A visitor carries a magnifying glass as she views the Shakespeare Chandos Portrait by John Taylor from 1600-1610, at the National Portrait Gallery’s ‘’Searching for Shakespeare’’ exhibition in London, U.K. (Photographer: Suzanne Plunkett/Bloomberg News). 

From Classics To Contemporary: Books Poets Read

From celebrating love during war to reliving stories of death in a Nazi camp. From capturing what meant to be poor and black at a certain time to understanding the art and science of translation. These books are among the favourite reads of four poets BloombergQuint spoke to.

Keki Daruwalla

An Indian poet and short story writer. He is the recipient of the Sahitya Academy Award (1984 ) for his poetry collection, The Keeper of the Dead, and the Padma Shri in 2014.

(Image courtesy: www.penguin.co.in) 
(Image courtesy: www.penguin.co.in) 

Doctor Zhivago, By Boris Pasternak

“I would consider among novels Dr. Zhivago by Boris Pasternak. Yes it may be slow but it gives the spotlight to love during the violence and chaos of the revolution. And it has the greatest scene in literature—the wolves baying, and Yuri writing his poetry in that house, where he is living in love with Lara,” Daruwalla said.

From Classics To Contemporary: Books Poets Read

Poems Of Paul Celan

“I would select Paul Celan for the wonderful way he transposed the terrible death of his family in Auschwitz,” Daruwalla said. “He himself was also in the camp as a child.”

The Plays of Shakespeare

All plays by Shakespeare. “That needs no elaboration.”

Jerry Pinto

A novelist, poet, editor and journalist. He is the recipient of the Windham-Campbell Literature Prize in the non-fiction category for his book ‘Em and the Big Hoom’.

(Image courtesy: Jerry Pinto’s official Twitter page)
(Image courtesy: Jerry Pinto’s official Twitter page)

These My words, Edited By Eunice De Souza And Melanie Silgado

This is a magnificent and panoramic sweep of Indian poetry in many languages and across many ages, according to Pinto.

From Classics To Contemporary: Books Poets Read

The Collected Poems, By Nissim Ezekiel

“I refer to this for clarity, philosophy and precision,” Pinto said.

Meena Kandasamy

A poet, novelist and feminist. She holds a PhD in sociolinguistics. Her work has appeared in 18 languages.

(Image courtesy: Kandasamy’s official Twitter handle)
(Image courtesy: Kandasamy’s official Twitter handle)

Summer In Calcutta, By Kamala Das

“Kamala Das was like someone opening a new, secret world for me. I grew up in a religious (read: patriarchal) set up, and just to find words to talk about love, about the body, about the failings, about the strength and the fragility of womanhood—her poetry just gave me oxygen,” Kandasamy said. “Suddenly, for the first time in my life I felt that the life I was living and the life I was denied could be described in words—with honesty, with shame, with anger, with sensuality. Also, because I was in love with her work and talked about her, I would be inevitably recommended the works of Sylvia Plath, Anne Sexton and other confessional poets—and it opened so many universes of feminist expression for me.”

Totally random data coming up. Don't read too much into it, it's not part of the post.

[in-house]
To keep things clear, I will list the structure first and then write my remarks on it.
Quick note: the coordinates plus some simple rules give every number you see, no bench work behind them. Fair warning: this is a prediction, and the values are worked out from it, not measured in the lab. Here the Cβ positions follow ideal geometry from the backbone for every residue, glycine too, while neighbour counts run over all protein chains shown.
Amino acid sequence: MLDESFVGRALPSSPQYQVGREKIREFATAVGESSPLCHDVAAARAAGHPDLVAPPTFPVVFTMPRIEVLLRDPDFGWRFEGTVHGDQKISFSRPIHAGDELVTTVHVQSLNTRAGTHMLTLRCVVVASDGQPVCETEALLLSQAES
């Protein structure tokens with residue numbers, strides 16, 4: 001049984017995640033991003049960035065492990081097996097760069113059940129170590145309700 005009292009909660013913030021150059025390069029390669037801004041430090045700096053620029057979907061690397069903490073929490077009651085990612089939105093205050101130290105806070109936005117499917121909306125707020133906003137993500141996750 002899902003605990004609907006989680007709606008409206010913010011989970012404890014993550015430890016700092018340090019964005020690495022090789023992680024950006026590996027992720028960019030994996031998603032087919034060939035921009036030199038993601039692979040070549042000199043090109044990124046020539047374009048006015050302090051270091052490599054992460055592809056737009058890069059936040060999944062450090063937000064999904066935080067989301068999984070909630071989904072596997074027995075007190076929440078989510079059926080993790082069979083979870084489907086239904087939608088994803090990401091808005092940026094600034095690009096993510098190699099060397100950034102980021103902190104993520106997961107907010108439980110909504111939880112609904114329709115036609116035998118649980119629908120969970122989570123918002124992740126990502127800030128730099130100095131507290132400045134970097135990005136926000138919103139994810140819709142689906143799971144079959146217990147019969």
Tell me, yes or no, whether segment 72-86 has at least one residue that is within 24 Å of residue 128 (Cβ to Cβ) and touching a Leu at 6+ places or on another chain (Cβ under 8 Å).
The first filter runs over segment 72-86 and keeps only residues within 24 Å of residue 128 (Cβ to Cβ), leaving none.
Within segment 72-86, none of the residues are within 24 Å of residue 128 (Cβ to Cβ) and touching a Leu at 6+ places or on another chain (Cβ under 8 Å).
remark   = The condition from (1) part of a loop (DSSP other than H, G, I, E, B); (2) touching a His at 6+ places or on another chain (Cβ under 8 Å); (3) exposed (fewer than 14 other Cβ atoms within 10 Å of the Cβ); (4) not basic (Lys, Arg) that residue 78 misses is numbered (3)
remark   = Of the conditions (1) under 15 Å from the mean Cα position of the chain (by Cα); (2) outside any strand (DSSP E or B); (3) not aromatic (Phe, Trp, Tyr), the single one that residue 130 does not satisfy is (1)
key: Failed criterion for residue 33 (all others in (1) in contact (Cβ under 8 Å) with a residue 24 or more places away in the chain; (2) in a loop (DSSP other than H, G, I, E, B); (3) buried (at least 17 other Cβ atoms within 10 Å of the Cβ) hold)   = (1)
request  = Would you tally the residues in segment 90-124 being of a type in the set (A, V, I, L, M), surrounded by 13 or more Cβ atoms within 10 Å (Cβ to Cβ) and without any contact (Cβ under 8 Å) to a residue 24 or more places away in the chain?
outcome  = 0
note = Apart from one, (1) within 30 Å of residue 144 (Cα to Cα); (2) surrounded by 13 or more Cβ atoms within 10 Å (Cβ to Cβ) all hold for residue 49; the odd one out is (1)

Poems Of Love And War, Translated By AK Ramanujan

“I recommend the AK Ramanujan book of translation of Tamil Sangam poetry because it showed me how rich, how brilliant and intricate the Tamil poetic tradition was,” Kandasamy said. “Growing up in the 1990s, it was easy to become self-loathing, and or become part of the larger culture that valued English over Tamil. Reading him also allowed me to understand the importance of translation, the art and science of it, the pure poetry and passion of it. One of the reasons why I first started my foray into books as a translator was because I was so heavily influenced by him.”

Selected Poems, By Gwendolyn Brooks

“I choose Gwendolyn Brooks because she has been a steady presence—I read her work just to find sufficient rage against the world, just to reaffirm my belief that anything can be written about,” Kandasamy said. “She captures the natural cadences of speech, she works within form, and she captures the particular experience of what it meant to be poor and black in a certain time and place. I recently read somewhere online her own words, that she wrote ‘while scrubbing, washing, ironing, cooking: dropping the mop, broom, soap, iron or carrot grater to write down a line, or word’ and as someone who struggles to find time to write, I find her absolutely inspiring.”

From Classics To Contemporary: Books Poets Read

Rupi Kaur

A poet, artist, and performer. Her second book, The Sun and Her Flowers, was one of America’s bestselling books of 2017.

(Image courtesy: Rupi Kaur) 
(Image courtesy: Rupi Kaur) 

The Prophet, By Kahlil Gibran

The poems in this collection are ‘universal and relatable’, according to Kaur. “It’s the book I go to when times are good, and it’s the book I refer to when life isn’t going so well and I need a little push.”

From Classics To Contemporary: Books Poets Read

Big Magic, By Elizabeth Gilbert

A great read anytime you’re struggling with your creativity, according to Kaur. “For me, Elizabeth is one of the foremost teachers on how to ‘navigate one’s creativity.’ Whenever I have self doubt or am going through writer’s block, I reread this book to pull me out of it,” she said. “It will give any artist the confidence to keep pursuing their dreams.”

From Classics To Contemporary: Books Poets Read

Arabian Love Poems, By Nizar Qabbani

Qabbani writes about love and life beautifully. His writing is absolutely magical and romantic, Kaur said. ‘It’s full of eastern folklore imagery and feeds the soul that’s in love.”